Hackers could pose a significant threat to smart grid security unless the challenges are better understood and addressed, researchers have warned. A team of scientists from Michigan Technological University investigated the potential for ‘nightmare scenarios’, involving cyberattacks and highlighted the potential vulnerabilities associated with smart grid technology.
Chee-Wooi Ten, an associate professor of electrical and computer engineering at Michigan Tech, commented that the fundamental problem is ‘a gap between physical equipment and intangible software’.
“Ten years ago, cybersecurity simply didn’t exist – it wasn’t talked about and it wasn’t a problem,” commented Ten. “Now with events like in Ukraine last year and malware like Stuxnet, where hackers can plan for a cyberattack that can cause larger power outages, people are starting to grasp the severity of the problem.”
He explained that advances in smart grid technology – such as smart meters; management systems for distributed energy resources – like wind and solar production; along with instrumentation systems in power plants, substations or control centres – create both improvements in monitoring and entry points for hackers. Without solid security measures, the technology can be vulnerable to attack.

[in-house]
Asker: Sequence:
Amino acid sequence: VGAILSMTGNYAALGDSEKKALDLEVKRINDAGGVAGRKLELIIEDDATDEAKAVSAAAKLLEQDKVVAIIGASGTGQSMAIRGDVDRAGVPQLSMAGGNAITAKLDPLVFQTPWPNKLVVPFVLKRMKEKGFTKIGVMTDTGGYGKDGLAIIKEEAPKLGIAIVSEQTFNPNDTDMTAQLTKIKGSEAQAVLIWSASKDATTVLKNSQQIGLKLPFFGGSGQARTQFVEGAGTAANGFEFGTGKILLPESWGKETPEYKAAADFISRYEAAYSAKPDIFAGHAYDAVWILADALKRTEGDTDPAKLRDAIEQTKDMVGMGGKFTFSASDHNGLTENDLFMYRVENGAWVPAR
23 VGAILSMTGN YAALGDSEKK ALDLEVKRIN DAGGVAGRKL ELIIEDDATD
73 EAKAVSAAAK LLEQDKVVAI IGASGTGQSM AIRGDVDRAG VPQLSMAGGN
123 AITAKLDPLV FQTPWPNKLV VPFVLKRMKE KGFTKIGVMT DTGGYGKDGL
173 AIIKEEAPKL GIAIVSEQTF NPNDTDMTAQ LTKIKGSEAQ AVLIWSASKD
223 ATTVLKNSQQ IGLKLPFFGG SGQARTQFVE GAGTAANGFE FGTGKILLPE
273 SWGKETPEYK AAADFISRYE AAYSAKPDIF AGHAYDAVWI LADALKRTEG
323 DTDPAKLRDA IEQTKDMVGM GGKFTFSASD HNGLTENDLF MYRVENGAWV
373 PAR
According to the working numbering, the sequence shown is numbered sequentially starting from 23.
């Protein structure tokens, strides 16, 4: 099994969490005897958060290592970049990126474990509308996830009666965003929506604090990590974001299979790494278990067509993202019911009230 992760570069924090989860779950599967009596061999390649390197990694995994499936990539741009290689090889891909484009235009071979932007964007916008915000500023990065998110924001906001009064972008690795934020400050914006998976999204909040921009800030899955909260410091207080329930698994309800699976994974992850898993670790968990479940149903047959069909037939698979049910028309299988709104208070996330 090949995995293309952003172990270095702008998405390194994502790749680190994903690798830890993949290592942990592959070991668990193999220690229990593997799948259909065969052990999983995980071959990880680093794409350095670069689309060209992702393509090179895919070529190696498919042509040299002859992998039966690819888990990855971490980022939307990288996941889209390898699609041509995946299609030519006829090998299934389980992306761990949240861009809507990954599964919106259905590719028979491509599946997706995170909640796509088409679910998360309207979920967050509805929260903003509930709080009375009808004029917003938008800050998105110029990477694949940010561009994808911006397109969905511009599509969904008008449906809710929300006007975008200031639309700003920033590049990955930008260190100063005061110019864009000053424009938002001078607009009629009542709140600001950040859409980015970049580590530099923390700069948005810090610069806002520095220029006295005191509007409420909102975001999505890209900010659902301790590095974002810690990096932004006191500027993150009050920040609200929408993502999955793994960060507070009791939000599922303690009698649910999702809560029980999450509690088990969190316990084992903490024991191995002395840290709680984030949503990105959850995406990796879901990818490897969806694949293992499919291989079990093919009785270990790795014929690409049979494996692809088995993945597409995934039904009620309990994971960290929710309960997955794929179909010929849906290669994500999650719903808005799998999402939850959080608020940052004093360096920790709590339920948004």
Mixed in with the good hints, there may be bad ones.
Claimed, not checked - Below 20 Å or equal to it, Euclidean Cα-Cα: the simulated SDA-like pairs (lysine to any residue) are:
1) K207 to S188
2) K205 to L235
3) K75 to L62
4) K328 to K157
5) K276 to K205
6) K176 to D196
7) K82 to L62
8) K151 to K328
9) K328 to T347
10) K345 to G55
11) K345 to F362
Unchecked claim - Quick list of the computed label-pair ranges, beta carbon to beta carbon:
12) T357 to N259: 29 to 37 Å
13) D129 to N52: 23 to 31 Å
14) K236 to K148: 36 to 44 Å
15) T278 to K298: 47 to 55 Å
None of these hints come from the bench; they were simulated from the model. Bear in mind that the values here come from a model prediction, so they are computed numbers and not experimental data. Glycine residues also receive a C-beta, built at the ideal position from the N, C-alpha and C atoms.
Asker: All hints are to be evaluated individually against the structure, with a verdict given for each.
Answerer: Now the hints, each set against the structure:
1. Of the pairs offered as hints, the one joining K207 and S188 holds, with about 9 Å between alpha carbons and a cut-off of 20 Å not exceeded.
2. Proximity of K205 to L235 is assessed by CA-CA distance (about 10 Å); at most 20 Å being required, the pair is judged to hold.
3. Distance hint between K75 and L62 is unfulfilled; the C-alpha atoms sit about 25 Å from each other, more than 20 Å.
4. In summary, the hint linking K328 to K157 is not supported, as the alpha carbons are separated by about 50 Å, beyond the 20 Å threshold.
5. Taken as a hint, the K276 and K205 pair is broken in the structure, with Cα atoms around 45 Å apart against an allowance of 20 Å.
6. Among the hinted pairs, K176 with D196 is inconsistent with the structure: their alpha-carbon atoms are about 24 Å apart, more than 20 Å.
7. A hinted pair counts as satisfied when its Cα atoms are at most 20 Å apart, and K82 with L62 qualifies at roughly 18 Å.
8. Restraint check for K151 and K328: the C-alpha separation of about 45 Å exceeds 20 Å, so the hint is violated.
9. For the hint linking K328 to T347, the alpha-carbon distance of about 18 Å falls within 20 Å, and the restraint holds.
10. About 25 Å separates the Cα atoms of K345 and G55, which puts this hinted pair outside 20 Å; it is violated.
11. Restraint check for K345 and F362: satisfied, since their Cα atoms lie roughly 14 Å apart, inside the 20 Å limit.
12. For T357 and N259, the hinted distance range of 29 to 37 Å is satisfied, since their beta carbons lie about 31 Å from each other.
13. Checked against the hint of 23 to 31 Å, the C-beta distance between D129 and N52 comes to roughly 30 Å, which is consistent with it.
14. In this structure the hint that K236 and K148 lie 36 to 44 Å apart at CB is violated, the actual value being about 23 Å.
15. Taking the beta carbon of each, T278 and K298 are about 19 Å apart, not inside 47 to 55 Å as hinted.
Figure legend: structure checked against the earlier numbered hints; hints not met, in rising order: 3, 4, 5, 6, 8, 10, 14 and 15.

Ten commented that quantitative methods should be used to prioritise cybersecurity protection to ensure power grids are operated in a more secure and safe manner. With a better understanding of the system’s weaknesses, it will be easier to be strategic and shore up security risks: “There is going to be a tremendous impact if we are negligent and fail to keep up with changes in communication infrastructure and emerging security threats,” he concluded.
The research, published in the journal IEEE Transactions on Smart Grid, outlines the challenges and key strategic areas that must be tackled in the future.